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The Islamic State's scorched earth policy in Kobani

Since the Islamic State was defeated in Kobani in January, the group has been setting ablaze the crops of the residents there.
A man walks past abandoned buildings in the northern Syrian town of Kobani January 30, 2015. Sheets meant to hide residents from snipers' sights still hang over streets in the Syrian border town of Kobani, and its shattered buildings and cratered roads suggest those who fled are unlikely to return soon. Kurdish forces said this week they had taken full control of Kobani, a mainly Kurdish town near the Turkish border, after months of bombardment by Islamic State, an al Qaeda offshoot that has spread across S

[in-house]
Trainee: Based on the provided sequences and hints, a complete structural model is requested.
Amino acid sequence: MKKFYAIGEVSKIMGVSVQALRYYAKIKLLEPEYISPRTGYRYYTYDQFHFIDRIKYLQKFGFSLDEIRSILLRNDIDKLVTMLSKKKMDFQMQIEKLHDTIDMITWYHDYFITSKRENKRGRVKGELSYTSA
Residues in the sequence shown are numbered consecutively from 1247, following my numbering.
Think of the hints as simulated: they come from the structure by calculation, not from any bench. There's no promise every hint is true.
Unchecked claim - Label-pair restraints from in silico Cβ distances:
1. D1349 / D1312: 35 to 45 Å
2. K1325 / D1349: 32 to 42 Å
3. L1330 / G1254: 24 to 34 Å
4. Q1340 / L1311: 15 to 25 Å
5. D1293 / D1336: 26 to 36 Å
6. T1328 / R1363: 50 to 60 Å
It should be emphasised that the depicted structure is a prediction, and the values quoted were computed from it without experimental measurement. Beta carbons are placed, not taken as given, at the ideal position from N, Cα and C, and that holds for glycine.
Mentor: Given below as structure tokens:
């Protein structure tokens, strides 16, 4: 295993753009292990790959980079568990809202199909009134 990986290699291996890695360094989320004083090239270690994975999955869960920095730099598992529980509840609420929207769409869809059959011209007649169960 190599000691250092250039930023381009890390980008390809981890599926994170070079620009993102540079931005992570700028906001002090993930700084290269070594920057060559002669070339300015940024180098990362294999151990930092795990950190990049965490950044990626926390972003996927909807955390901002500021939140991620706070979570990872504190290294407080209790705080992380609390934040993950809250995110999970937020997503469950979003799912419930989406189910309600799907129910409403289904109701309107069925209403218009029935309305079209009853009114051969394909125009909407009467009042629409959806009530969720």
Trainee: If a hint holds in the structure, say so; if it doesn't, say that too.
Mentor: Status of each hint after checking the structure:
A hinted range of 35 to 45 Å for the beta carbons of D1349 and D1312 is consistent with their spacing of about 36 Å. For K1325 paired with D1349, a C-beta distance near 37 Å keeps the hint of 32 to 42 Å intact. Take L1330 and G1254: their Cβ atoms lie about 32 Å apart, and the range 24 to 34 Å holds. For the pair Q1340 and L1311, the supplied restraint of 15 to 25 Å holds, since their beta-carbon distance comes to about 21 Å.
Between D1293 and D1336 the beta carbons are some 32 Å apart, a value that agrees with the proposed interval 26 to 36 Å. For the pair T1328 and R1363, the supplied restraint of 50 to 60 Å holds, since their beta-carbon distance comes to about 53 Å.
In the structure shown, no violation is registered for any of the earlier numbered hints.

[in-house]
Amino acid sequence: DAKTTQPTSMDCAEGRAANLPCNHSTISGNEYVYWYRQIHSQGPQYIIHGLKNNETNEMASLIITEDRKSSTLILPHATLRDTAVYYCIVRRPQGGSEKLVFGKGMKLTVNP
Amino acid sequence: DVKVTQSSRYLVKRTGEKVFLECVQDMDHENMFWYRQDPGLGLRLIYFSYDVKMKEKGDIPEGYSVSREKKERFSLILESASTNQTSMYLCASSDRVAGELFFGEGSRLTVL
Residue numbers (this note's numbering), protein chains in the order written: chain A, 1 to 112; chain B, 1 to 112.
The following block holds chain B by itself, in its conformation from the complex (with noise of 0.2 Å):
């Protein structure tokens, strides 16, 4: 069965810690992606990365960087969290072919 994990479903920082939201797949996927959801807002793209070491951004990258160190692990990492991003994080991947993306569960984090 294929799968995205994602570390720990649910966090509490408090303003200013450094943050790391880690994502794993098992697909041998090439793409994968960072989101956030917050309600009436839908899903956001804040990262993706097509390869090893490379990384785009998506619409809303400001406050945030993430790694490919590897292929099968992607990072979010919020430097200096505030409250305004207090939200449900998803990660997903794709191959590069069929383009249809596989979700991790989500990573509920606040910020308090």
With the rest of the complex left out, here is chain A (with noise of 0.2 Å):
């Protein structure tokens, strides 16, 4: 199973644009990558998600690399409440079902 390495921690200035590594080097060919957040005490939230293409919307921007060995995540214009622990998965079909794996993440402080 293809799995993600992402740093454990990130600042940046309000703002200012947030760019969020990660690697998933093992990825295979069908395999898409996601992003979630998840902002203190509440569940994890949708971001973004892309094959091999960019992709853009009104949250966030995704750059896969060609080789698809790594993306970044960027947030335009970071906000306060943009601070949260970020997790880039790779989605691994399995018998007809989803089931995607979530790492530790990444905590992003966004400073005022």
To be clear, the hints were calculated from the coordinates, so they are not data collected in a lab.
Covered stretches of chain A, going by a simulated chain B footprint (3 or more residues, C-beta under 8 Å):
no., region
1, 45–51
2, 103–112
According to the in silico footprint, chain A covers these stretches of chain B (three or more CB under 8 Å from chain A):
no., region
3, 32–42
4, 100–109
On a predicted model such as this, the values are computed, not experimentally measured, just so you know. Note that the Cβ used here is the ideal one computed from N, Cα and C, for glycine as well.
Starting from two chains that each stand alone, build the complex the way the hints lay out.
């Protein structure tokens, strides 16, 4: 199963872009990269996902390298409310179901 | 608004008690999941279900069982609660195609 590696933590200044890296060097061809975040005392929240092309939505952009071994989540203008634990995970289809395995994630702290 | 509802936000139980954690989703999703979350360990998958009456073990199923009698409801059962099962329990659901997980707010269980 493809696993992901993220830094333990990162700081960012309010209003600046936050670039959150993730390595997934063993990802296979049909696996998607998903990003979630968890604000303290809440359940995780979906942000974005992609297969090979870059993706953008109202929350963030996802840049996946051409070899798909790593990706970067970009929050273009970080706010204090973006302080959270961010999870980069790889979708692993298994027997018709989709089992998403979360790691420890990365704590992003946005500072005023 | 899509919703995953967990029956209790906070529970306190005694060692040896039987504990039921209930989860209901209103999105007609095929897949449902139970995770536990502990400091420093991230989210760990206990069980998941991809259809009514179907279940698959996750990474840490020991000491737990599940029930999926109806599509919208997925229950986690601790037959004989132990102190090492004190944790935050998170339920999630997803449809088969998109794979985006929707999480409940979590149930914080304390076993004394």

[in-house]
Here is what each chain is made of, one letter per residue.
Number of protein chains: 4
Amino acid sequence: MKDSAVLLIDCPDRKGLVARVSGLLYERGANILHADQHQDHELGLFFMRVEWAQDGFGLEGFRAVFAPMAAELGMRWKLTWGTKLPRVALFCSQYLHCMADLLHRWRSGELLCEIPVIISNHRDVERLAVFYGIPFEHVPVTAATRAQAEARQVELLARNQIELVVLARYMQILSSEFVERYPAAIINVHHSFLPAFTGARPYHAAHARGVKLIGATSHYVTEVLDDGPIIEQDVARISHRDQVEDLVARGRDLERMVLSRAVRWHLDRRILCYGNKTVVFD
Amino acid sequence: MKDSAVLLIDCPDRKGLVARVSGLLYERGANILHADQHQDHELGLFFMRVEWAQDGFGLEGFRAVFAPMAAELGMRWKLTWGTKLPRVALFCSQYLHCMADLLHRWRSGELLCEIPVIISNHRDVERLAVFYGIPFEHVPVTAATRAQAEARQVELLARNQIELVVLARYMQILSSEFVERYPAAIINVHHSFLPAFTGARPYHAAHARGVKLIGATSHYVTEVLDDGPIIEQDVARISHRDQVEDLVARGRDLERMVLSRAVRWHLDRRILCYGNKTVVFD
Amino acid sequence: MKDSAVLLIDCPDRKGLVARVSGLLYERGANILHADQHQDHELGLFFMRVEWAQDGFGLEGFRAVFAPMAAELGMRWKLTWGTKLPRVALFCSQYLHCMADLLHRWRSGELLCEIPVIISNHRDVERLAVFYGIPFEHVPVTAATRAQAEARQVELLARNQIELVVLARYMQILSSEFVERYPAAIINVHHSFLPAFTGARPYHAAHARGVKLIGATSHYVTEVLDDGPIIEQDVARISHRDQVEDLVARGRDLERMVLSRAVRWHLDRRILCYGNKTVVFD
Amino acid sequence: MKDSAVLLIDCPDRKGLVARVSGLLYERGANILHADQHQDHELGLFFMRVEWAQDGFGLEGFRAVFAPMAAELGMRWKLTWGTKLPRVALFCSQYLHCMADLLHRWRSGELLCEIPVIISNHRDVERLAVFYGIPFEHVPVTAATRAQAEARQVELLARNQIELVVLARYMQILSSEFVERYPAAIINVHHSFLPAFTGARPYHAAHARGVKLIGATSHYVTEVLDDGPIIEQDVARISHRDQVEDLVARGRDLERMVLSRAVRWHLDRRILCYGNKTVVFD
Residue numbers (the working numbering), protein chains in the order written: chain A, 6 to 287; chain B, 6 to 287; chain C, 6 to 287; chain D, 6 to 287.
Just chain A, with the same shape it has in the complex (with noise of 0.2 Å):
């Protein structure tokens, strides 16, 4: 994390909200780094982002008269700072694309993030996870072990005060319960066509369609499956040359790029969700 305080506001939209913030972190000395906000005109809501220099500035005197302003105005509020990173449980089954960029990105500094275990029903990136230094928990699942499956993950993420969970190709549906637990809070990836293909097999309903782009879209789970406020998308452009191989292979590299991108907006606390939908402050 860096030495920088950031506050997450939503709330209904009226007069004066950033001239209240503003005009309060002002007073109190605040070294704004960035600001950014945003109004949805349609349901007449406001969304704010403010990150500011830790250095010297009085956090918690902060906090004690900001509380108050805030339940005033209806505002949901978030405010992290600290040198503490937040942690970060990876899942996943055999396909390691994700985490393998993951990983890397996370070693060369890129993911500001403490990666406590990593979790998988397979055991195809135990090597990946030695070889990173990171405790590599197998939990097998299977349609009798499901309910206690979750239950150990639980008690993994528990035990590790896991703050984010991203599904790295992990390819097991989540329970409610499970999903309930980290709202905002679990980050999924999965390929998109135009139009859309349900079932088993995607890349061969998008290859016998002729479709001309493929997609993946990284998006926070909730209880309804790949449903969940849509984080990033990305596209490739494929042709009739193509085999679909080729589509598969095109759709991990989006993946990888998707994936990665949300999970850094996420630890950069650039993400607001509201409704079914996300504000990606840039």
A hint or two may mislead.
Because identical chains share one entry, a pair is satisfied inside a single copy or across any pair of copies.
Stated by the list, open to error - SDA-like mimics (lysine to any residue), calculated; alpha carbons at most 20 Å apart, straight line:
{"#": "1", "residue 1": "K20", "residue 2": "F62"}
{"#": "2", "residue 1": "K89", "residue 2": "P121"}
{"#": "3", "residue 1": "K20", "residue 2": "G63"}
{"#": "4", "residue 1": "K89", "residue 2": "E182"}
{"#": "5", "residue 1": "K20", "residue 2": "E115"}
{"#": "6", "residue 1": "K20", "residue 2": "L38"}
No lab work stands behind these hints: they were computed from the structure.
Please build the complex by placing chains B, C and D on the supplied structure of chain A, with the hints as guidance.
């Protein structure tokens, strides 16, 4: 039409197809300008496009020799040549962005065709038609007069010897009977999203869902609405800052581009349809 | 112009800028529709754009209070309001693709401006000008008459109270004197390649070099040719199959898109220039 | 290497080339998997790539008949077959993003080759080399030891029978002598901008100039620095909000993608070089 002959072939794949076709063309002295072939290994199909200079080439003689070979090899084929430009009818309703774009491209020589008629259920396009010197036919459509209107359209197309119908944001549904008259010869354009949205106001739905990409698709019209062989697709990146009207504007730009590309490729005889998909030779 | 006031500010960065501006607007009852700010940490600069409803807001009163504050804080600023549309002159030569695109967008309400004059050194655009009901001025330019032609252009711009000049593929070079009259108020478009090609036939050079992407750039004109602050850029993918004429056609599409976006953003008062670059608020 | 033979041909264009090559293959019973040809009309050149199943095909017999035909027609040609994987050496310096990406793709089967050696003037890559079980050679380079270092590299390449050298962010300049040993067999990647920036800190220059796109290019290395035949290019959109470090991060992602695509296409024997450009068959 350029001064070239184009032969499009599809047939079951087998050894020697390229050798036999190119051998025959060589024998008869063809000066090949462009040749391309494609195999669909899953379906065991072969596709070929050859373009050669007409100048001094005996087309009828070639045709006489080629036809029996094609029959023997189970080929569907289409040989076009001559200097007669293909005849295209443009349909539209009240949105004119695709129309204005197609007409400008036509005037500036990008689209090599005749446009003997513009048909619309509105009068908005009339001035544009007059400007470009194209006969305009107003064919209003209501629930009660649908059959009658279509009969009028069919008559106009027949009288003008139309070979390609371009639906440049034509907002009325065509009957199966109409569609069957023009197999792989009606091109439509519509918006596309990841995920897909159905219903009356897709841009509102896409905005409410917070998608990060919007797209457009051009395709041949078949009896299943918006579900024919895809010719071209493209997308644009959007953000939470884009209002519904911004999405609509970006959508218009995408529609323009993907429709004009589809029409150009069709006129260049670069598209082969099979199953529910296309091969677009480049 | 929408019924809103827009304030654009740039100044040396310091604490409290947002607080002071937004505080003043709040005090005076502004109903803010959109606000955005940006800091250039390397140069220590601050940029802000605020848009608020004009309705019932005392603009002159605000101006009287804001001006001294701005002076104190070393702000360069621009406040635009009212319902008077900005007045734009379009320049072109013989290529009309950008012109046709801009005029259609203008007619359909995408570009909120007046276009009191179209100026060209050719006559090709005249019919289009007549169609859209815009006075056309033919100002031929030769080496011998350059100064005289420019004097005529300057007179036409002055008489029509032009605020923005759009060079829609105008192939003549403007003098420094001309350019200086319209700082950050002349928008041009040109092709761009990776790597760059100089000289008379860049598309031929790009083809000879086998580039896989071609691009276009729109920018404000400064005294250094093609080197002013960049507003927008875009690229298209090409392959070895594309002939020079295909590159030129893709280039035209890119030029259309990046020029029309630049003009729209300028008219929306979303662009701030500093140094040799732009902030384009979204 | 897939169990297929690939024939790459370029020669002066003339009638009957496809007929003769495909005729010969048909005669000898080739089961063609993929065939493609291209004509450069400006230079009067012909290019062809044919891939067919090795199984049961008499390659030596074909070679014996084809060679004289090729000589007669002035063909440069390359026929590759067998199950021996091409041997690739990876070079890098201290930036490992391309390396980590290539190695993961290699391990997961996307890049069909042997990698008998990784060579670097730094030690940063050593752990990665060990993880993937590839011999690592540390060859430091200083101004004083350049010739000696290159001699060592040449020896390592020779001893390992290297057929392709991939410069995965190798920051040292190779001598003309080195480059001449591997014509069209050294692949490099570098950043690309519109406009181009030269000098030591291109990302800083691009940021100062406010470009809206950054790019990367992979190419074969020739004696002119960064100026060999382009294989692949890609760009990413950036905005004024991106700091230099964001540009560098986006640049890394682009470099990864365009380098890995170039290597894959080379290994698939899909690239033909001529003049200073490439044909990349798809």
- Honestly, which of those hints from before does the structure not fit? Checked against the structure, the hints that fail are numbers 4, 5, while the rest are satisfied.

KOBANI, Syria — Massive fires broke out In early June in the agricultural areas of this Kurdish-majority city, affecting wheat and barley crops and fruit trees. The Islamic State (IS) used heavy weaponry to target these areas following its late January defeat in Kobani at the hands of Kurdish forces and the international coalition.

Setting these fertile lands ablaze is one of the attempts by IS to intimidate the citizens who returned to Kobani after the group’s departure from the city.

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